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Las Lomas czar resigns

Palmer shifts his focus to other SCV projects

Posted: December 12, 2008 10:14 p.m.
Updated: December 13, 2008 4:55 a.m.

The man who tried to reshape the Santa Clarita Valley by building 5,500 homes into the hillside border with the San Fernando Valley now has other plans to develop local land.

Developer Dan Palmer, who on Thursday stepped down as president of the Las Lomas Land Company LLC, has set his sights deeper inside the SCV with plans to develop in and around Hasley Canyon.

Palmer has an option to buy more than 134 acres of land from the Del Valle Land Co. LLC, land that was one of the original sites considered for a high school in Castaic.

Richard Patterson, president of the Santa Clarita Valley Facilities Foundation - which buys land for the William S. Hart Union High School District - said discussions were well under way seven years ago to build on the site.

"The foundation and the district in about 2000-2001 considered the property as a potential site for the Hart district and for the Castaic high school," Patterson said Friday.

"We actually did a plan for the high school there. It's a beautiful piece of land."

In addition to having an option to buy the 134 acres on the south side of Hasley Canyon Road, Palmer Investments owns about 430 acres on the north side of the same roadway, future home of the luxury Los Valles housing development and its Hasley Golf Course.

More than 200 luxury homes and 14 recreational lots were approved by the Los Angeles County Department of Regional Planning in April 2007, including a water well and water tower, seven storm drain lots and one golf course.

The golf course is the much-touted fixture that will anchor the planned community. Famed golfer Arnold Palmer designed the course. He is not related to Dan Palmer.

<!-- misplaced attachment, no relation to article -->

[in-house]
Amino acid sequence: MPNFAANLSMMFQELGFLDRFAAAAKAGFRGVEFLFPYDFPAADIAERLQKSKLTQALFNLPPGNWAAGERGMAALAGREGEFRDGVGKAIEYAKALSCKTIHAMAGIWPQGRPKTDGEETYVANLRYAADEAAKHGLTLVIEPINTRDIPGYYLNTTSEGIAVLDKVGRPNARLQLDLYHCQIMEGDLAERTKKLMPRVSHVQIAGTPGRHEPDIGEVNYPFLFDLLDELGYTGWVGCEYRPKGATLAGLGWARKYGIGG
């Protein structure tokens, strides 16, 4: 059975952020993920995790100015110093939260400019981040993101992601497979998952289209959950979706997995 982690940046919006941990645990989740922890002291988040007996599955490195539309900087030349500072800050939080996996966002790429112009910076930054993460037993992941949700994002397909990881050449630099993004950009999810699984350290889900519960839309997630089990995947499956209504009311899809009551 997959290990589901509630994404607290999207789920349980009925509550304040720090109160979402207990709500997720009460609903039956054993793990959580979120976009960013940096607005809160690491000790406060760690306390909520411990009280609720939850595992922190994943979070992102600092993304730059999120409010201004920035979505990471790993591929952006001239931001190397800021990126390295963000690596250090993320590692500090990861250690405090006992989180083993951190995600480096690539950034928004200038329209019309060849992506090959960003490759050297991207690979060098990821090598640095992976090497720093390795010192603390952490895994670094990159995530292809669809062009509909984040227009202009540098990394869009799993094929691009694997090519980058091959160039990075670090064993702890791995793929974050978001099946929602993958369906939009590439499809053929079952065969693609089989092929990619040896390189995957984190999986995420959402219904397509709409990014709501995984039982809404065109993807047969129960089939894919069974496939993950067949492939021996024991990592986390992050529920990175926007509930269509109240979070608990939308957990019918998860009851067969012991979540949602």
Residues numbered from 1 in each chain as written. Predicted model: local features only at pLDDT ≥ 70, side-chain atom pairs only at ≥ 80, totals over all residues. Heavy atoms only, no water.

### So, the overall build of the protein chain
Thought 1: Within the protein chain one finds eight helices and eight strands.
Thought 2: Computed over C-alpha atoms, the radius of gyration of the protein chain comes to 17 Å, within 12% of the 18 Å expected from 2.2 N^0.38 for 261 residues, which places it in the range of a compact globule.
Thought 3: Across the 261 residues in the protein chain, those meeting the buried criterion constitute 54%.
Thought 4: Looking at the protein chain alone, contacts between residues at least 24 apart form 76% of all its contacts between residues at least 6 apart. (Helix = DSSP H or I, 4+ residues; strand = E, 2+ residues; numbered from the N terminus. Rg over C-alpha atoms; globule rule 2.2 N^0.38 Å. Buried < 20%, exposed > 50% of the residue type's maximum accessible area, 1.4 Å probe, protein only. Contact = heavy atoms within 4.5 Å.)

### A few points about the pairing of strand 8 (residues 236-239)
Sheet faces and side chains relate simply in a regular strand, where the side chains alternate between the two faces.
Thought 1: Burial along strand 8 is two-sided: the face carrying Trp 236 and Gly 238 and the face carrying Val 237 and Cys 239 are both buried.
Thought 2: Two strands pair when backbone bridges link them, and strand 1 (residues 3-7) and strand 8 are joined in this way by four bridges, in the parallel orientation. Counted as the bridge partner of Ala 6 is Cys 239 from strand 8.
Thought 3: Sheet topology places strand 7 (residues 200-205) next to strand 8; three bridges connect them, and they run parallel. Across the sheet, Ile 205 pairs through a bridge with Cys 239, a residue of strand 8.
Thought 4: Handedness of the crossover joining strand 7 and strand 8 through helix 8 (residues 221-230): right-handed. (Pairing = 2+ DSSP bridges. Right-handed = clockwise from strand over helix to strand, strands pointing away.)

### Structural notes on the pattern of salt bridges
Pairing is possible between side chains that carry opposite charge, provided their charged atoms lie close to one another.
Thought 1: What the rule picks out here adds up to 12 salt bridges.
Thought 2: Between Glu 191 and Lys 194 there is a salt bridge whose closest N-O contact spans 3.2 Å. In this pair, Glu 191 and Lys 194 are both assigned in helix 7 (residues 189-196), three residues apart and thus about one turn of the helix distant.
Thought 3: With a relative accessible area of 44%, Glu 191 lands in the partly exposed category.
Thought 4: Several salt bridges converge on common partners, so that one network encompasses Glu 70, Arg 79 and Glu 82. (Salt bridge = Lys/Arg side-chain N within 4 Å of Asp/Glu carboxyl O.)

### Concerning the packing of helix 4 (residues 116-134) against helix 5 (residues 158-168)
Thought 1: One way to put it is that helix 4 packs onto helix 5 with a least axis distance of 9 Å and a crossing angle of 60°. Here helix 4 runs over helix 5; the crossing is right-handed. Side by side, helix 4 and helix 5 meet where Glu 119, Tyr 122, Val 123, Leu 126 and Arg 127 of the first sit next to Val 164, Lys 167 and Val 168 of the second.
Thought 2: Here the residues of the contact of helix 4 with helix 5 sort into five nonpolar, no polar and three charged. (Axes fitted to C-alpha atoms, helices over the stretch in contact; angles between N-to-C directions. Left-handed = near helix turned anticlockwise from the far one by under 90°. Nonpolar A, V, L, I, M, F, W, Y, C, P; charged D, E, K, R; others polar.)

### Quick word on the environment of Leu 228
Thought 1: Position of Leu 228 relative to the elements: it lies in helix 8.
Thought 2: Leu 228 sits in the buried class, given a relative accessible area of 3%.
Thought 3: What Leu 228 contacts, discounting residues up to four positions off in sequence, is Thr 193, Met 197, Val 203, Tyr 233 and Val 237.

The Facilities Foundation expects to build 58 homes on about 70 acres it owns west of the golf course.
Less than a mile from the foundation's land and just down the road to the south is the newly-announced location of a Castaic high school on land owned by Sterling Gateway.

Its neighbor immediately to the east - the Del Valle Land Co. LLC - has plans to build 109 single-family units on its 134 acres.

On Thursday, Las Lomas issued a news release announcing Palmer had resigned as president of Las Lomas Land Company LLC.

Las Lomas still intends to develop the region's first smart-growth community at the northern edge of the San Fernando Valley and the southern gateway to the Santa Clarita Valley as an antidote to urban sprawl, with jobs, schools, parks, museums, shops, restaurants and community activities all within walking distance of each other, according to the release.

The Las Lomas project would create 9,000 direct jobs, 22,000 indirect jobs, more than 1,300 construction jobs and more than $1.3 billion in annual wages, according to Las Lomas spokesman Edward Park.

On March 19, the Los Angeles City Council voted 10-5 to stop any further work on the Las Lomas project.

"We're going to look at all our options," a disappointed Dan Palmer told reporters at the time of the council decision. "We believe Las Lomas is a fine project and we remain committed."

Phone messages left for Palmer were not returned Friday.


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